An easy way to test this sorta stuff

Up to fifty per cent of five star reviews for some of the highest-ranking hotels on TripAdvisor are “suspicious”, a Which? investigation has found.

The consumer watchdog has criticised TripAdvisor for failing to stop luxury hotels being boosted by fake reviews which can mislead travellers and ruin holidays.

It’s not that difficult to find work writing reviews…..

16 thoughts on “An easy way to test this sorta stuff”

  1. A+++ Would visit again. My wife and I had a splendid time at Timmy’s, fabulous views and something for everybloke.

    Contra the fake 1-star reviews we barely heard any screams from the nearby Mr Eckses Socialist Helicopter Tours.

  2. I use Tripadvisor reviews to help with holiday and hotel choices and find it really useful. I also contribute reviews as well.

    There is a certain skill required to parse the reviews and often the negative reviews are more telling (although often saying more about the reviewer).

    Overall though, if everyone says somewhere is good, it generally is and vice versa.

  3. I don’t give five stars; three— good enough, four—pleasantly surprised, two— won’t be coming back. But everyone thinks they deserve five, and would be upset by three, so often I don’t review at all.
    As for reading reviews, ignore all the 5*, read the bad ones first, they may be an unjustified rant but there is likely a kernel of truth in something less than 5*.

  4. Also, I doubt there is a certain way to decide what’s fake and what’s not.

    Somewhere along the way I subscribed to a business traveller email and a couple of months ago noticed.a forum discussion about the merits of various airline premium economy services.

    I thought I’d be helpful and pointed out that I have been travelling in PE from HKG-SYD once a year for a while and I much preferred the Qantas service and cabin, especially compared with Cathay.

    I got a response from some bell end accusing me of being a Cathay stooge because apparently no-one could possibly genuinely argue that Qantas is better.

  5. I quite like the way that Ecks will always ask a bad reviewer exactly what could be done to improve the experience.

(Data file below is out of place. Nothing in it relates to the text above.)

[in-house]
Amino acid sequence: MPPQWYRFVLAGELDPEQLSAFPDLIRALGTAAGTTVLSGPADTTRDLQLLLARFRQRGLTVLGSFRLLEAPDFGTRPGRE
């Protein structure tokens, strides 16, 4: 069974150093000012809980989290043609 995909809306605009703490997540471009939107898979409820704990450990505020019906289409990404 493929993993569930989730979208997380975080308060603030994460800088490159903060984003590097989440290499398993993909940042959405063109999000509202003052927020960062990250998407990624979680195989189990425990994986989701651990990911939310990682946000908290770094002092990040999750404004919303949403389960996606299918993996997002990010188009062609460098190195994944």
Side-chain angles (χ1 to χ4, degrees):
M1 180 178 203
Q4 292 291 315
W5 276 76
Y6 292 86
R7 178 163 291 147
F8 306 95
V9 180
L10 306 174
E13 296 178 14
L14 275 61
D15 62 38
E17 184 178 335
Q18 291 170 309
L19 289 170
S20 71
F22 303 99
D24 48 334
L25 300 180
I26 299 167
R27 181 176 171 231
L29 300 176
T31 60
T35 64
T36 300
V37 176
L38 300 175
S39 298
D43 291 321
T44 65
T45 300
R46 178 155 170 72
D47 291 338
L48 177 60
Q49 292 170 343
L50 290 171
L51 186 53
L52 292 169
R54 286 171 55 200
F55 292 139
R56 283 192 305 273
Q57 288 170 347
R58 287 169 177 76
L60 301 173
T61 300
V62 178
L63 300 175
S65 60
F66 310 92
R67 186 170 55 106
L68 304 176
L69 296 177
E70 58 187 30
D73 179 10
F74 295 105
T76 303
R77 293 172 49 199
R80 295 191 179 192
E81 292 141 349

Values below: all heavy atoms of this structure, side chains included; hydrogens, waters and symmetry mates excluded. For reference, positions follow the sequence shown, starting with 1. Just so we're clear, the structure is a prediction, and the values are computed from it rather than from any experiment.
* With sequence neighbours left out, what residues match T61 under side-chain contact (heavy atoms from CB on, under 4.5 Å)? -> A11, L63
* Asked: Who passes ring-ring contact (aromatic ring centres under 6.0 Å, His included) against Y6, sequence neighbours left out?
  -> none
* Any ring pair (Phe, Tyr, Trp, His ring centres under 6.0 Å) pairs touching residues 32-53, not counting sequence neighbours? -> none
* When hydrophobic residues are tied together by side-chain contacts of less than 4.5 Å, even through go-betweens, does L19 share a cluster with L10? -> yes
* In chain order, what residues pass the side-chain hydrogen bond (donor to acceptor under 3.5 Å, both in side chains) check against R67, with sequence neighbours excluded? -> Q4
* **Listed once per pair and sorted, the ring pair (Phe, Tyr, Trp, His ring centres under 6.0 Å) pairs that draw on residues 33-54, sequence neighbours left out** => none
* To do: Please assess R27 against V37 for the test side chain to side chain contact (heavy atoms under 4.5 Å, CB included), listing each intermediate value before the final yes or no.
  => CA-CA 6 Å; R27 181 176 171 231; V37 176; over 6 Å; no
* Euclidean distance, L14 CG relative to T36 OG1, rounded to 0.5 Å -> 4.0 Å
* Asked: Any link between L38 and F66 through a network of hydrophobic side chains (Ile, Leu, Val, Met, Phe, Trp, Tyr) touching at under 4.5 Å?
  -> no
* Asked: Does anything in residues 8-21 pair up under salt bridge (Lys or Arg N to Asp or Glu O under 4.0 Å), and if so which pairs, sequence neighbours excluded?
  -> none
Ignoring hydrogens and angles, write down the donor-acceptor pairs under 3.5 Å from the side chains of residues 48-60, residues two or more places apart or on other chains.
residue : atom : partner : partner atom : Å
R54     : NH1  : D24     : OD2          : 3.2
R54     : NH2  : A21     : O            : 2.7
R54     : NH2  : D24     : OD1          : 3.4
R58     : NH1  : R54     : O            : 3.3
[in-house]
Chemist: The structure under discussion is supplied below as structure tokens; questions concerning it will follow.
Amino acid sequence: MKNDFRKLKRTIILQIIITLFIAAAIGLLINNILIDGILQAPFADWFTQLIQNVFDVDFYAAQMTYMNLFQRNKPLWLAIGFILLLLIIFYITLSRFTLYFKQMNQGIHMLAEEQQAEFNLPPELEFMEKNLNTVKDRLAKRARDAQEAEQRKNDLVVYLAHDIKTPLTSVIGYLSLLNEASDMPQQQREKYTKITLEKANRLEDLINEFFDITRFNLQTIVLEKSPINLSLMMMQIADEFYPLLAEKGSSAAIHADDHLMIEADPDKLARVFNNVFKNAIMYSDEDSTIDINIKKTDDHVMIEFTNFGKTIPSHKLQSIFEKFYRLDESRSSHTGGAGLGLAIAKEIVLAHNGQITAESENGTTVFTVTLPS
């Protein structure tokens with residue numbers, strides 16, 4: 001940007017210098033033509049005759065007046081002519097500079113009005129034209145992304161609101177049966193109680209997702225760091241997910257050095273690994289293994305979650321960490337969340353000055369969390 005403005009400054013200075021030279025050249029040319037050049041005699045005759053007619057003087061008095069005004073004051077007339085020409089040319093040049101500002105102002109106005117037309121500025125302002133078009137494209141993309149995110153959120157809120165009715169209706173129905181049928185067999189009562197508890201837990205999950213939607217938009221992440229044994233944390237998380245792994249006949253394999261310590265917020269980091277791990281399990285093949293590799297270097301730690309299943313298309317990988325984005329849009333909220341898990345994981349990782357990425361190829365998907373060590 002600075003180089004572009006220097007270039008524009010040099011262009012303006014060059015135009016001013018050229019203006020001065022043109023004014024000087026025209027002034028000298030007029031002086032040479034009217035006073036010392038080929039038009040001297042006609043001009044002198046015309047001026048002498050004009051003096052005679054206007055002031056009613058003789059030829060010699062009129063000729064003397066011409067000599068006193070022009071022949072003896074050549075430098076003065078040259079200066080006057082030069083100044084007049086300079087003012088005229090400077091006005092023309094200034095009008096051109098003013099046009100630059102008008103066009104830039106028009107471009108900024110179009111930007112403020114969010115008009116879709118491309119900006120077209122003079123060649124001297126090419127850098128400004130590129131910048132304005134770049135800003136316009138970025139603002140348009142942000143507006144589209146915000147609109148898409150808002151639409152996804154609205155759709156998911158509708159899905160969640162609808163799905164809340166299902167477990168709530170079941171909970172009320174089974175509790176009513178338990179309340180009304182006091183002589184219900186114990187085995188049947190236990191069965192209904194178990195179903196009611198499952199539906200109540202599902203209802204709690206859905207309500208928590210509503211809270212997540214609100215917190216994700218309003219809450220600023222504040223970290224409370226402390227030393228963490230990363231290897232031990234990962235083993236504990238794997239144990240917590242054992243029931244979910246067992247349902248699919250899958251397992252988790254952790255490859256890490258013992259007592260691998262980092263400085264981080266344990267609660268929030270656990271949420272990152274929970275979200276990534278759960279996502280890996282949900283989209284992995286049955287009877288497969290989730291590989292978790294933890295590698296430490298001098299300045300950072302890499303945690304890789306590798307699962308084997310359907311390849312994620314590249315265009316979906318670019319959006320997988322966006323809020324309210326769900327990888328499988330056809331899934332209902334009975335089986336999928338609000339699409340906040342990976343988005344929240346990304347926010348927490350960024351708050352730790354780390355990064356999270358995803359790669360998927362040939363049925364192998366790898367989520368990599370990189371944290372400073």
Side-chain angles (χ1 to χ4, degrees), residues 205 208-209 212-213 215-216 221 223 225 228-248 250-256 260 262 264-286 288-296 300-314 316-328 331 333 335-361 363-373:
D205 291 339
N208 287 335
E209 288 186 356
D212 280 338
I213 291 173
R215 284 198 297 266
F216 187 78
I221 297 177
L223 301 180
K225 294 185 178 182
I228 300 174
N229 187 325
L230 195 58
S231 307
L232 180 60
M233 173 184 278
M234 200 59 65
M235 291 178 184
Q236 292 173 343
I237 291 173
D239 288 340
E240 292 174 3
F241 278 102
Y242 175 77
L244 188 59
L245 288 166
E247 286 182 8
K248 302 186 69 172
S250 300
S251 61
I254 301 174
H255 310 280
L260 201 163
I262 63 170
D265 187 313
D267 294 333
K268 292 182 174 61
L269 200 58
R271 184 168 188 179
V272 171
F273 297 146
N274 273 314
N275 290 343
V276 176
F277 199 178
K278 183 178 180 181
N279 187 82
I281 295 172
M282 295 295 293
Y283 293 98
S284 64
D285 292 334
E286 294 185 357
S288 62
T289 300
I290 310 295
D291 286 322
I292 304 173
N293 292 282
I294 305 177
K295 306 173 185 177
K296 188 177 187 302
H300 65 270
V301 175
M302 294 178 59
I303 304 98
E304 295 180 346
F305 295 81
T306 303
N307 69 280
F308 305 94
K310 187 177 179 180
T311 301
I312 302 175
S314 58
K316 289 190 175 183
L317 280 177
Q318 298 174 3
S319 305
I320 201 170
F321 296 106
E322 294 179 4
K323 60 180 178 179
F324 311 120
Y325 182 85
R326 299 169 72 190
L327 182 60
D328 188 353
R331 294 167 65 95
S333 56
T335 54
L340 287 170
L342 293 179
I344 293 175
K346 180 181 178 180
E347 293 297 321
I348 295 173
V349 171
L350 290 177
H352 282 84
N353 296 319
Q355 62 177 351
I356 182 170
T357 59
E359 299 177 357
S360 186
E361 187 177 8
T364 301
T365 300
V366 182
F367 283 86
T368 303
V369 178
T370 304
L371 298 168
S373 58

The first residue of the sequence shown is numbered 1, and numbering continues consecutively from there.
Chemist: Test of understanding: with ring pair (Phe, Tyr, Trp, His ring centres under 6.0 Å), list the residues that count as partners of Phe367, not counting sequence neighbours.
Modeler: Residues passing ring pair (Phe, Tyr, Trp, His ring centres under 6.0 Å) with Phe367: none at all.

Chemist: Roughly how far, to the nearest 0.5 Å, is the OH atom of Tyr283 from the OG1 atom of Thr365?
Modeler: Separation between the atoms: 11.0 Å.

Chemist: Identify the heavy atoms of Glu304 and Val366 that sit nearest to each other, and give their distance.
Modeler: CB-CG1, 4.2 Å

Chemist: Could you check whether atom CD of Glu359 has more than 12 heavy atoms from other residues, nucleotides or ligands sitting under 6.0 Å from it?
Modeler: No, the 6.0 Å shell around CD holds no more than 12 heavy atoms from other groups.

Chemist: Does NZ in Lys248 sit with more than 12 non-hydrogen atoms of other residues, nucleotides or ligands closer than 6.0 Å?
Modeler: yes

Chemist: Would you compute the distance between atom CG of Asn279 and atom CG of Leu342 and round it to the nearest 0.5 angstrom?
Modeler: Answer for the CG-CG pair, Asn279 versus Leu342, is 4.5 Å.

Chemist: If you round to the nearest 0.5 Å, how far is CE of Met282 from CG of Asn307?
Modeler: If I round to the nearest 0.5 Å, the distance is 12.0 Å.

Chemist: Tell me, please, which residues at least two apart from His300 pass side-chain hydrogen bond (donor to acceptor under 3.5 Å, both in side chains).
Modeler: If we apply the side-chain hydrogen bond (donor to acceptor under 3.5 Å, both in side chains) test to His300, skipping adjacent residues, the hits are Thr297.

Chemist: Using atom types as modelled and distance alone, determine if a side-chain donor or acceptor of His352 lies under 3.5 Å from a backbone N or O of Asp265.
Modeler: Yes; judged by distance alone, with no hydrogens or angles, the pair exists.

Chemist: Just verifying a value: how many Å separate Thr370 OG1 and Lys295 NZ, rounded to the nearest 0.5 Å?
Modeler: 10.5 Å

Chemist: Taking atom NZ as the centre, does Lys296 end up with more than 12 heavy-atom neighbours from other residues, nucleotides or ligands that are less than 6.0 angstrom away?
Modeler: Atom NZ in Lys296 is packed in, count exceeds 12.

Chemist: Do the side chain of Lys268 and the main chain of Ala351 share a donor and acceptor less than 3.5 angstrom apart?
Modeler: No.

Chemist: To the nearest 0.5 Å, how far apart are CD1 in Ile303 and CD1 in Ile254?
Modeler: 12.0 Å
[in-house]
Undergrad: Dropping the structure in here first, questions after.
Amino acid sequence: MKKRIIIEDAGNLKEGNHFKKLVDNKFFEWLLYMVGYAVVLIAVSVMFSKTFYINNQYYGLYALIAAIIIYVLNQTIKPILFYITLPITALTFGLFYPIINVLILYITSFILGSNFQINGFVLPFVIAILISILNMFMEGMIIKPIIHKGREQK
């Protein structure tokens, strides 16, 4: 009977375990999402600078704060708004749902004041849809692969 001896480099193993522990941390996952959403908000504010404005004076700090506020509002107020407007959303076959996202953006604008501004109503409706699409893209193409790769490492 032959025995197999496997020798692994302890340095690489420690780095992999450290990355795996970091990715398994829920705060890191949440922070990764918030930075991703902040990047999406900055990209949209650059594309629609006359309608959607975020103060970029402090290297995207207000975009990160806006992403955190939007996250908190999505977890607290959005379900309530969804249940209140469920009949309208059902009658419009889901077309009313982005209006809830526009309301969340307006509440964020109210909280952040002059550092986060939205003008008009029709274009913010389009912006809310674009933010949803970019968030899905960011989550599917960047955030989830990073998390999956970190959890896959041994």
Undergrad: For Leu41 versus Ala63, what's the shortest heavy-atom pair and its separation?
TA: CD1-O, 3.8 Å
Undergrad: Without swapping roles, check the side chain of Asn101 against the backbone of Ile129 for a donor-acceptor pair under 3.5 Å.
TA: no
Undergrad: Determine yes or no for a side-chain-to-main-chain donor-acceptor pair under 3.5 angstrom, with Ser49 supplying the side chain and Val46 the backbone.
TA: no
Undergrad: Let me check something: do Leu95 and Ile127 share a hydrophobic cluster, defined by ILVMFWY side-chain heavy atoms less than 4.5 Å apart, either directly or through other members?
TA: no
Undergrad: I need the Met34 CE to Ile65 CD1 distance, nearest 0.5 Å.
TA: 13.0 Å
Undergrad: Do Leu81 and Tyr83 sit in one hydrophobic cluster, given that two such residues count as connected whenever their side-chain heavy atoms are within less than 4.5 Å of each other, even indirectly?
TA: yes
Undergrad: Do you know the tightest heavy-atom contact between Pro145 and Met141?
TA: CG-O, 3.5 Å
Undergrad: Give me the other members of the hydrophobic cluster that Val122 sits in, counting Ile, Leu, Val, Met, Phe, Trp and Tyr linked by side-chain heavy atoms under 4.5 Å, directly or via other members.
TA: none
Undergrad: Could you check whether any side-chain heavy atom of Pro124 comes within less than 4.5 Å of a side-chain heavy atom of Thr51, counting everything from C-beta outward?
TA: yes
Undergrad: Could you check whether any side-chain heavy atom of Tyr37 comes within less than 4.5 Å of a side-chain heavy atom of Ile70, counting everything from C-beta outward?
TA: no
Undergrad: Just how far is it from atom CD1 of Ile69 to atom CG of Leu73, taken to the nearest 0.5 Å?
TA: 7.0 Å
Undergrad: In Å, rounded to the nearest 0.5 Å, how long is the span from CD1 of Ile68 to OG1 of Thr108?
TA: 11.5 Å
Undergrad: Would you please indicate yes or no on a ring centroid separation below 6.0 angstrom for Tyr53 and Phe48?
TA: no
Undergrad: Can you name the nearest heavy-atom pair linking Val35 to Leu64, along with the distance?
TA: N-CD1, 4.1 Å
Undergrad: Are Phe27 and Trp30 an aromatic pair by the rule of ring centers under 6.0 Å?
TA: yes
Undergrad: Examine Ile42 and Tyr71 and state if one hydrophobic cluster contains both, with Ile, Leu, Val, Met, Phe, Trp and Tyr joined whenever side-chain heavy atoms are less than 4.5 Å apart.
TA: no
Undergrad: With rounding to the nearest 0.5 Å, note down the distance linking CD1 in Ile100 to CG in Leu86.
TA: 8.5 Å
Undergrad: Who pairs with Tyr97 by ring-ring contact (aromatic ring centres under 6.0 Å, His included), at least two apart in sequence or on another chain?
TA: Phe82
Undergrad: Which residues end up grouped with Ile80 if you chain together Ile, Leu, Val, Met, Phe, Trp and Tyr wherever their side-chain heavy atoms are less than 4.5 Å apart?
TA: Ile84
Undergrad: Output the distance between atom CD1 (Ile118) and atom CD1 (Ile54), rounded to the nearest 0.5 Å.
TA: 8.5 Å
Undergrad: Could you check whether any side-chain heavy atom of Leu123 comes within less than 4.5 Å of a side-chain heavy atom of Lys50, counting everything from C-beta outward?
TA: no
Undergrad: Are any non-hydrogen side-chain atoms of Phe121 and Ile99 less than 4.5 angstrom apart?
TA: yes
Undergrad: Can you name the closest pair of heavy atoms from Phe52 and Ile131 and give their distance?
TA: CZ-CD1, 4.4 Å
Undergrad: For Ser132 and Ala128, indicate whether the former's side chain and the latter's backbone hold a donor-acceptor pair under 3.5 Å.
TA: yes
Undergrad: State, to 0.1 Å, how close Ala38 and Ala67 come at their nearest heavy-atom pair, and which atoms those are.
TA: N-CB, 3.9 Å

Yes, that’s my approach too, Head for the ones and twos, and try to interpret (both content and number).

  6. The thing with TA is that it works. You’re in a strange town, you fancy a certain sort of food. Pick one of the places on the first page.

    It might not be great and not just because of fraud but personal taste. But it’ll at least be good.

    Personally, I think it’s why Jamie’s Italian went down the tube. People used to go there because in a strange town, they trusted Jamie Oliver over random family Italian restaurant. Along comes TA and his restaurants get lots of 3* ratings, which means people go to a great local Italian place instead.

    It also sharpened up the Red Lion at Avebury. People used to visit the stone circle, have no idea where to go and just go to the Red Lion, which was crap. Along comes TripAdvisor and people start going to the Waggon(sic) and Horses nearby instead.

  7. MC,

    You can try and flag these things up with AI stuff, but it’s never great and if you get good human reviews, they’re unrecognisable.

  8. I’m one of the Google account admins for a small steam railway.

    If I was totally honest (and knowing a bit about the competition) I’d say rated fairly we are a 3-4 star quality experience. I’m constantly surprised that we actually get almost all 5 star reviews (about 80% of reviews are 5 star, with about 15% 4 star, and 5% 3 or lower). I’m also surprised how many reviews we get – I reckon around 1 in 50 customers leaves a written review – I assume this is Google prompting for reviews after tracking people there via maps.

  9. theProle,

    Maybe the sort of people who go on steam railway trips are a bit kinder than most? But it’s also about expectations. Does your steam railway do what people expect it to do?

  10. the Prole
    I think the large number of 5* reviews is a consequence of this grade inflation by which anything less will be seen as unfair. As I said up-thread, I often consider it kinder and fairer to not give a review than be truthful and say ‘not bad’. “If you can’t say something nice, say nothing at all”

  11. It depends what you’re comparing it with. Only a few anoraks go on a steam railway many times a year, so for most customers it will be a subjective rating based on their experience. And since steam railways are largely staffed by enthusiastic volunteers who are delighted to be there, the subjective experience is likely to be good, compared to (say) a supermarket.

    I’ve just given the Vale of Rheidol 5*, and yes I was prompted by Google, but I don’t respond unless my experience was particularly good (or bad).

  12. I gave up on ratings years ago when I realized gunbroker and ebay have inflated ratings to where EVERYONE is wonderful.

  13. My TA reviews start at 3*, then I work out whether is justification for movement either way
    TBH anywhere that’s in business for a decent period will be running at a 3* rating. Genuinely crap businesses rating a 1 or 2* will be out of business sharpish

    I’m sparing on 5*but if I think somewhere is worth it I will justify it in the text

    5* reviews with a single sentence review are not worth considering

    I’m keen on places which respond to poor reviews, even if it is to criticise the reviewer, it shows they care

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